Solicitor to hold part of woman's €20k compo award after supermarket freezer fall pending appeal
Part of a €20,000 award to shopper who fell into a supermarket freezer after she had to lean in to get frozen vegetables from the bottom is to be held in a solicitor's account pending an appeal over the case, the High Court ruled.
Last month, Circuit Court Judge Gerard Griffin awarded €30,000 to Anne Meaney (70) over the accident in Dunnes Stores, Goldsmith Terrace, Bray, Co Wicklow on February 20, 2016.
The judge reduced the award by one-third on the basis of contributory negligence by Ms Meaney, of New Ard Chualanna, Bray, Co Wicklow.
The judge also granted a stay on the award, pending appeal, on the basis that €15,000 of it be paid to Ms Meaney within two weeks.
Dunnes lodged their appeal and also sought to vary the terms of the stay in relation to having to pay €15,000.
On Monday in the High Court, Mr Justice Seamus Noonan directed the €15,000 be paid into Ms Meaney's solicitor's account until the outcome of the appeal. He also hoped the main case would get priority in the appeals list.
In her action, it was claimed Ms Meaney fell forward onto the edge of the freezer and hurt her right lower chest.
She developed sharp pleuritic type pain that same evening and weekend and attended Loughlinstown A&E two days later, on February 22.
An x-ray showed no visible fracture but she was treated as having clinically fractured ribs and was prescribed pain killers, it was claimed.
She continued to suffer pain into the following month but by July 25, the pain had greatly improved and she only experienced jabs of pain in certain situations, such as sneezing and coughing.
Her doctor was of the opinion that the residual problem would fade with time and she would not be left with any long term consequences, her statement of claim said.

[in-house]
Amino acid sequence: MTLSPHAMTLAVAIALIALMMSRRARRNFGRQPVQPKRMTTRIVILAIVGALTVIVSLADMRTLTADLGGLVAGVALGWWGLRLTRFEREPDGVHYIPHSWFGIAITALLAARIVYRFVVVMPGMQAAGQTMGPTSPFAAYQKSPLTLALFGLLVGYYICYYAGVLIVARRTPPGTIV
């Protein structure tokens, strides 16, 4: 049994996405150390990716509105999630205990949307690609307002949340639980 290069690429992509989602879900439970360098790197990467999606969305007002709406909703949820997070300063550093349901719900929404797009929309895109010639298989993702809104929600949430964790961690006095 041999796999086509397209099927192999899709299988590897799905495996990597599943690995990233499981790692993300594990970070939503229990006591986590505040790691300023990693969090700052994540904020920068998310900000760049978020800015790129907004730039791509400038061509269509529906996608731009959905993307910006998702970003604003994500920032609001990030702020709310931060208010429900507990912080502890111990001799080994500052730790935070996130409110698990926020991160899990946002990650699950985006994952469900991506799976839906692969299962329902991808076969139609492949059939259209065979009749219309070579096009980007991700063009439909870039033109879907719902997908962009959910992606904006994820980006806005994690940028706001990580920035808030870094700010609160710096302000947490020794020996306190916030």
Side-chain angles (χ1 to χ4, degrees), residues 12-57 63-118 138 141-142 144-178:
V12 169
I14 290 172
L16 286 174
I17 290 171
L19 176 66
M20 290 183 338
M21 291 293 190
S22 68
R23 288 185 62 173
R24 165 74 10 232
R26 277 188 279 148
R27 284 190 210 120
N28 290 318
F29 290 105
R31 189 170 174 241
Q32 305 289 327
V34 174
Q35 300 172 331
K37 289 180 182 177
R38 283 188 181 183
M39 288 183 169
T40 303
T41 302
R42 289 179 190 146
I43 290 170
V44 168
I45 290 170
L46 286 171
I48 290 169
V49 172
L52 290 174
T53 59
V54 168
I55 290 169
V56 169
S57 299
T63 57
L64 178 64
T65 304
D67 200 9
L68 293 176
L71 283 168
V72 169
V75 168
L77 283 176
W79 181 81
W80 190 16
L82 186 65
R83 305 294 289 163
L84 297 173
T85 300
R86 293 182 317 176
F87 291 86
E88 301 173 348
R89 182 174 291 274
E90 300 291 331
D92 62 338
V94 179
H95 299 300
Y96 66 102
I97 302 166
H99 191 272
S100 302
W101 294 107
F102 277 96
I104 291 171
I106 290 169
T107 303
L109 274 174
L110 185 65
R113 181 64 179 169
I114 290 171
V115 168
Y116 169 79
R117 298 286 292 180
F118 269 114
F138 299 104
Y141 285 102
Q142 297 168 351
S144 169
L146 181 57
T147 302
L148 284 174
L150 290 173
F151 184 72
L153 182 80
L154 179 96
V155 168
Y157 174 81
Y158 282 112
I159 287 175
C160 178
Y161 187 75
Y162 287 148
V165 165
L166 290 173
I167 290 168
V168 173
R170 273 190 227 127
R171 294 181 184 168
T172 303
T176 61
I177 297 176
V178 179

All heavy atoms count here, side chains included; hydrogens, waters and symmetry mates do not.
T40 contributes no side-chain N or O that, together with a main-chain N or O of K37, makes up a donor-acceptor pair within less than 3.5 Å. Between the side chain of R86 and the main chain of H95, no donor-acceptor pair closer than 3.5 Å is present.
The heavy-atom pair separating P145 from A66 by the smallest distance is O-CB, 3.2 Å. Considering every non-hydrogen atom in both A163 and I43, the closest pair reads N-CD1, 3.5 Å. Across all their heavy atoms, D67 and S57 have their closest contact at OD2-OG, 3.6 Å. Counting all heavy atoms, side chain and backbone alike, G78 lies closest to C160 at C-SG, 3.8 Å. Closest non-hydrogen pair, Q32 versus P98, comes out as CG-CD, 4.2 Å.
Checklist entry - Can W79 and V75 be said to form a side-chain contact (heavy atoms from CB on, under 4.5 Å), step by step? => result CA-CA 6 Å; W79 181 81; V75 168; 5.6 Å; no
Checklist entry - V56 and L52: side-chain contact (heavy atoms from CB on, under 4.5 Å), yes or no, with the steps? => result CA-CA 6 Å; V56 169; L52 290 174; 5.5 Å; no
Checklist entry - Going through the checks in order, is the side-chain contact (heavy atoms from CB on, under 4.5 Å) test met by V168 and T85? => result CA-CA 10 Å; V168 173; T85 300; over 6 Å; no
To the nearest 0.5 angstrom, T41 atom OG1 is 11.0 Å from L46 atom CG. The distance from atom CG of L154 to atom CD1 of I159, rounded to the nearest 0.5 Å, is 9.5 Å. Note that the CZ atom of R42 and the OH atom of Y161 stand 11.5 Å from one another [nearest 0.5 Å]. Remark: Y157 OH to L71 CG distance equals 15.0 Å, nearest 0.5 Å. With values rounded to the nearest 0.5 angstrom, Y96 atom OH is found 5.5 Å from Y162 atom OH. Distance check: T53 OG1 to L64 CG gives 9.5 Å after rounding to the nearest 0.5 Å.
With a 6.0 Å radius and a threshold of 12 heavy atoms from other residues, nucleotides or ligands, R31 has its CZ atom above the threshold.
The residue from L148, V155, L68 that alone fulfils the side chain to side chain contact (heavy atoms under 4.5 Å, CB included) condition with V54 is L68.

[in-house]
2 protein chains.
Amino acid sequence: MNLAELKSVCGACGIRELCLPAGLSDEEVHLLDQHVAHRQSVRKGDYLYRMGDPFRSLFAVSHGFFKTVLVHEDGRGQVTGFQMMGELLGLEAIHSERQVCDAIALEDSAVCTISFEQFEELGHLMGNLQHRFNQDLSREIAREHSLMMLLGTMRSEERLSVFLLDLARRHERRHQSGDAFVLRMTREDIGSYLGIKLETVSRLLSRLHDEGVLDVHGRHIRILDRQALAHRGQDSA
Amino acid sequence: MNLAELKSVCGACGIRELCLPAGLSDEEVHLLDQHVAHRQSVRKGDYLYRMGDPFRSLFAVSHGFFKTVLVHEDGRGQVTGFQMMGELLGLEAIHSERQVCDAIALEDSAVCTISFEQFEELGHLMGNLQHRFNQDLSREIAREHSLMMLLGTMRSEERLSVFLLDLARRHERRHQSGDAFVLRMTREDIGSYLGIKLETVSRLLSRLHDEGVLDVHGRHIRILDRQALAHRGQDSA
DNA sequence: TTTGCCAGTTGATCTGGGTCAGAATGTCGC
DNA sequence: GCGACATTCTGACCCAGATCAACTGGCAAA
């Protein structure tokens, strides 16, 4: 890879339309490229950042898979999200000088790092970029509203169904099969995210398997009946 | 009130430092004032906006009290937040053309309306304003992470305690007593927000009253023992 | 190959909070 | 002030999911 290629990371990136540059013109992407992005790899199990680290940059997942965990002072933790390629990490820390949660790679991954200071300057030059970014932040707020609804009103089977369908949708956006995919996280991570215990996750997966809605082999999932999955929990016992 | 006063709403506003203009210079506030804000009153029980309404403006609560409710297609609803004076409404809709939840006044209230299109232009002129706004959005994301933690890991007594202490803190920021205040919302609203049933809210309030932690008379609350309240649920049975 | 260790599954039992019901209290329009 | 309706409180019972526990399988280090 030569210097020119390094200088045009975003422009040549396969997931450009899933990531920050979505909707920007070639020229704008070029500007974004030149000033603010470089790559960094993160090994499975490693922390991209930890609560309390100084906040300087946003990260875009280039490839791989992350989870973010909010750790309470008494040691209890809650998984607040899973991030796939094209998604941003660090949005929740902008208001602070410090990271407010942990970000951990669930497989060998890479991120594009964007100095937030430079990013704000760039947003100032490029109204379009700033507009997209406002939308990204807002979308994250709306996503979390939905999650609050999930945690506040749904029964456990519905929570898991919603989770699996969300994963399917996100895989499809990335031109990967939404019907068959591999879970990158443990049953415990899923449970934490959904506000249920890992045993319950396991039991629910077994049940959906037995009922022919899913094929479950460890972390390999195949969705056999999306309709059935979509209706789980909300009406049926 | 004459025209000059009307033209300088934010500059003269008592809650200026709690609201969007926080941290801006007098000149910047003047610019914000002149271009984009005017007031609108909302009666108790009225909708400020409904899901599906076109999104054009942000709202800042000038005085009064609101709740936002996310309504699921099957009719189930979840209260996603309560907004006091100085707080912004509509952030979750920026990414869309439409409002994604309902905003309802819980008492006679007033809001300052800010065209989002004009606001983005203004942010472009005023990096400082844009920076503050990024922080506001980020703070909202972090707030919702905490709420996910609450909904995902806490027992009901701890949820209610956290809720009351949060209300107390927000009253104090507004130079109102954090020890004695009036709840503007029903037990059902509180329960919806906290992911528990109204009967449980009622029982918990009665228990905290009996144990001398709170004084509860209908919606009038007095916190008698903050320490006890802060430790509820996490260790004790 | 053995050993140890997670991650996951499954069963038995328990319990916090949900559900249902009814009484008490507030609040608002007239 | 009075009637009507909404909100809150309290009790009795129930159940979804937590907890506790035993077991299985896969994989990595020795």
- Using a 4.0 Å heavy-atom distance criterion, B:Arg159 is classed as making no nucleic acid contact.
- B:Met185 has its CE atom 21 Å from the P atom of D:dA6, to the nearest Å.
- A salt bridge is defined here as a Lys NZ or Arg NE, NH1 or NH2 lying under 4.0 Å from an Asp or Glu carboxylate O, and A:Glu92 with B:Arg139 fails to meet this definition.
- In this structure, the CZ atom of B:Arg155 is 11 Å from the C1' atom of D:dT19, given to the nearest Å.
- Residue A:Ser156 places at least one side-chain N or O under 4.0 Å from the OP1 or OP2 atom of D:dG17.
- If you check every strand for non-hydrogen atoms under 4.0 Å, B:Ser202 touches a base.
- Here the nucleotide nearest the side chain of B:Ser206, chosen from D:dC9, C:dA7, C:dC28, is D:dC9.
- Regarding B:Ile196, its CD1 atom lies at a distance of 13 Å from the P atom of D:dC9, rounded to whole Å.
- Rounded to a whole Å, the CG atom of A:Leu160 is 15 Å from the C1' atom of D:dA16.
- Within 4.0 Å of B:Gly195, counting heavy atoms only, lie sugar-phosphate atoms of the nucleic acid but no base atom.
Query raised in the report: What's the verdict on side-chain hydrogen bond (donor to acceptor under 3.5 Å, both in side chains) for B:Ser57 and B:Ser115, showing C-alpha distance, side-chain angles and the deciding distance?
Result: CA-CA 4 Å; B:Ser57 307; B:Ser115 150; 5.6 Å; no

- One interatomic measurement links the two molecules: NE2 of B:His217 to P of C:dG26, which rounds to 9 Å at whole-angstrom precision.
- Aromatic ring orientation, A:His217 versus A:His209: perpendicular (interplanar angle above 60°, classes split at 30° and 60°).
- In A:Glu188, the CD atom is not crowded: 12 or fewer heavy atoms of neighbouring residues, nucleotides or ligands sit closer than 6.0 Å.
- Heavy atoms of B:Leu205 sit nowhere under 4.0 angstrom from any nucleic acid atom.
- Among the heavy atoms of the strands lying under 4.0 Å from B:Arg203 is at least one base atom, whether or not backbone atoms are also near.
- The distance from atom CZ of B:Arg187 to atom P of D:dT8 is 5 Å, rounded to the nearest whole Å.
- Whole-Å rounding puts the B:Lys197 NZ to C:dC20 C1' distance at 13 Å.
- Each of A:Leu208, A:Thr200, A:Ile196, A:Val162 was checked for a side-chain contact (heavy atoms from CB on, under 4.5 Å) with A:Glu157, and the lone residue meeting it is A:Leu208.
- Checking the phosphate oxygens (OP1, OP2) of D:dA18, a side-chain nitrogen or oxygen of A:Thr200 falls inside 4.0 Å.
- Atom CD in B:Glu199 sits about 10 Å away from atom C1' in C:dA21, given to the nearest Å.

However, it was claimed, she did suffer significant pain and discomfort, secondary to her injury, and she had a respiratory infection which required antibiotics.
She claimed the injury was the result of negligence by Dunnes including failure to provide a safe means of accessing products, failing to maintain an adequate level of stock in the freezer in order that it did not became a danger or trap, and negligence by requiring her to obtain products when stock was low.
Dunnes denied the claim and argued she was the author of her own misfortune and failed to take reasonable care. It also said there were members of staff nearby who she could have asked for assistance.
In its appeal, Dunnes says the Circuit Court judge erred in law on the facts of the case in making the €20,000 award.
It claimed, in relation to the requirement to pay €15,000 now, there was no guarantee that the money will be recovered if it wins its appeal.
Ms Meaney's lawyers argued the Circuit Court was correct and had heard all the facts, including expert evidence, in relation to the case. She opposed varying the stay and also opposes the appeal itself.